Also, look at Beta turn nasty and almost burnt in her blackness in that middle panel. That’s some colour as storytelling stuff going on right there.


You should get a sense of just how pig-headed and stupid and doomed Guy is from this page and how he handles himself here.

The way this random Evorah shuffles into the room but then doesn’t quite see Guy yet is so superbly well placed and handled by Owen. This sequence was hard to write, and I thought I might’ve blown it, but he really brings it all home. That transition between the final two panels really sells the split second moment Guy has before he’s completely screwed.

Also, that child’s skeleton on the table is totally all Owen. Blame. Him.


Pretty certain that first panel of Guy wrapped up by some tentacles is completely all Owen and it’s so damn effective. Makes it look like he’s been stitched up, but then you see it’s a showdown…and he’s being saved by Beta. The way she holds him down and leans right over the table is just pure perfect Gieni body language. This is masterful in every sense of the term.

Also, take in them Ryan Ferrier scribble balloons. So ace.


Beta is so confident, so forward, and she’s literally dragging Guy into it all. And there’s no small metaphor that he’s being taken into and down an unknown black whole.

And that bottom panel of Guy swimming forward to this unknown is one of my favourite panels of this book. If ever there was a Depressionaut, this is he.


Guy is lost, Beta is too quick, and we all quickly see just where this is all taking place and that the unknown is a scary and ridiculous place.

It’s also so cool to know that when you ask Owen for bioluminescent bubbles then it is exactly what you are going to get. This is an example of writing right into the strength of the artist.


This is the false beat before the real BOOM.

Wish I could’ve tweaked the dialogue some more on this page, it just doesn’t pop as much as the others.


This, man, THIS is just far too much fun. Owen obviously throws himself headlong into every square inch of this book and this is wild proof right here. Look at this thing? I had an idea, linked to a YouTube clip, I gave some suggestions, but this right here is beyond my brain. Look into those eyes and despair. Owen Gieni just drained your soul.


This turning point for Guy was one of those sad gags I had to throw at him. The fact he’s about to die and instead one of these giants is going to just suck on him like an emotional everlasting gobstopper and could you imagine anything worse in your life? This is why my characters would gang up and mutilate me if they ever gained independent sentience, I’m no good for them at all.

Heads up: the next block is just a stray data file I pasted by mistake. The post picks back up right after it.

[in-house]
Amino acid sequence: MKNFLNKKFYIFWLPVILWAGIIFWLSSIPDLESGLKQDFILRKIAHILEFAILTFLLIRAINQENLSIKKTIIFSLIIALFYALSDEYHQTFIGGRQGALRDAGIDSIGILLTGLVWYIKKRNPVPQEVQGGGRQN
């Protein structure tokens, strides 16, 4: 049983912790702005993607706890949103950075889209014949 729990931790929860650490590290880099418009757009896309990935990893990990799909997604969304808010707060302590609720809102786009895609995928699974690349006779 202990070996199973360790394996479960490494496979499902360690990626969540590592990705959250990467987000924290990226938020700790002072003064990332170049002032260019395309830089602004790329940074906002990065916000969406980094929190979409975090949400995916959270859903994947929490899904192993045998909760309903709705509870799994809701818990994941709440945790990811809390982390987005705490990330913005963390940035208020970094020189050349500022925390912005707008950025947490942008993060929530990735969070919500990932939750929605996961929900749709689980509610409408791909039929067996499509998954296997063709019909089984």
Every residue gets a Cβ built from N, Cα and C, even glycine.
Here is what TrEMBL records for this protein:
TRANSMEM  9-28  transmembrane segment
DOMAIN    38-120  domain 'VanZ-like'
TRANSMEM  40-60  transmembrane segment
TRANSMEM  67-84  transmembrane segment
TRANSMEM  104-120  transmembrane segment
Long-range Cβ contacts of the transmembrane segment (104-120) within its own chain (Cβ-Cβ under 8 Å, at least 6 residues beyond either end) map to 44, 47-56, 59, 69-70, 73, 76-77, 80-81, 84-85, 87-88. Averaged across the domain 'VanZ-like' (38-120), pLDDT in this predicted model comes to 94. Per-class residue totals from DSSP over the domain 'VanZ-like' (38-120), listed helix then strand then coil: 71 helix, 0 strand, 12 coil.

Owen took that Evorah hugging panel and just gave it everything, didn’t he? This one panel is just pure high art right in the middle of the page. And if you look closer, you’ll see Beta struggling to open it up and her body language is again on point.

PAGES 12 + 13

Double page spread klaxoooon.

An emotional vista, and I wasn’t sure it’d work, but then Owen just comes along and slays it like it ain’t no thing. It’s almost like a picture book for just a moment, a dark, haunting, terrible book for kids about why life sucks. From top left to the promise of life to the bottom right and the ‘real’ promise of life, the only promise it can offer, that it ends, and this page actually gets to me a little.

Though I didn’t realise how well this spread would go down. The reviews loved the shit out of this and I thank them for it.

There’s even this weird little colour scheme thing going on that makes me think/feel INSIDE OUT a little and that’s just too damn fine.

I’m also quietly proud of the device at the bottom where we see the happiness bomb charge and it’s exposition but silent. You still have to piece all of this together, keep thinking, keep up.


The layout on this page is nuts, the colours, the way we move through the motions. Guy smiling is weird enough but this cropped image of him makes it even more ghastly, a rictus of depression.

I love Guy’s body language as he tears into this beast, he’s so victorious. And the colour draining from the Evorah as they change emotion is something Owen just completely nails.

As for the echo of lines in this page from the last, where I flip the meaning, yeah, you know I’m quietly proud of that – though not silent, I’m still gonna tell you.


This is a page of complex human emotions. I want you to still hold them, feel them, and yet still not fully understand. Because who actually understands human emotions, we are insane, erratic, flippant. That’s what makes us so beautiful sometimes, and it’s really something I want to try and write.


“This is how angels must feel.” is one of those lines I wasn’t sure would get through but I knew I’d fight for it, though this was completely unnecessary. It stayed through every draft, never questioned, and I’m still really glad with how simply it sums up Guy’s feelings as he essentially annihilates a bunch of creatures.

And how good does that annihilation look against that green? Bloody ripper.


War is hell and we all lose. Guy’s boot hitting that dead Evorah shell kinda says it all for me. And that Ferrier SFX in there is perfect to make you feel the split second moment.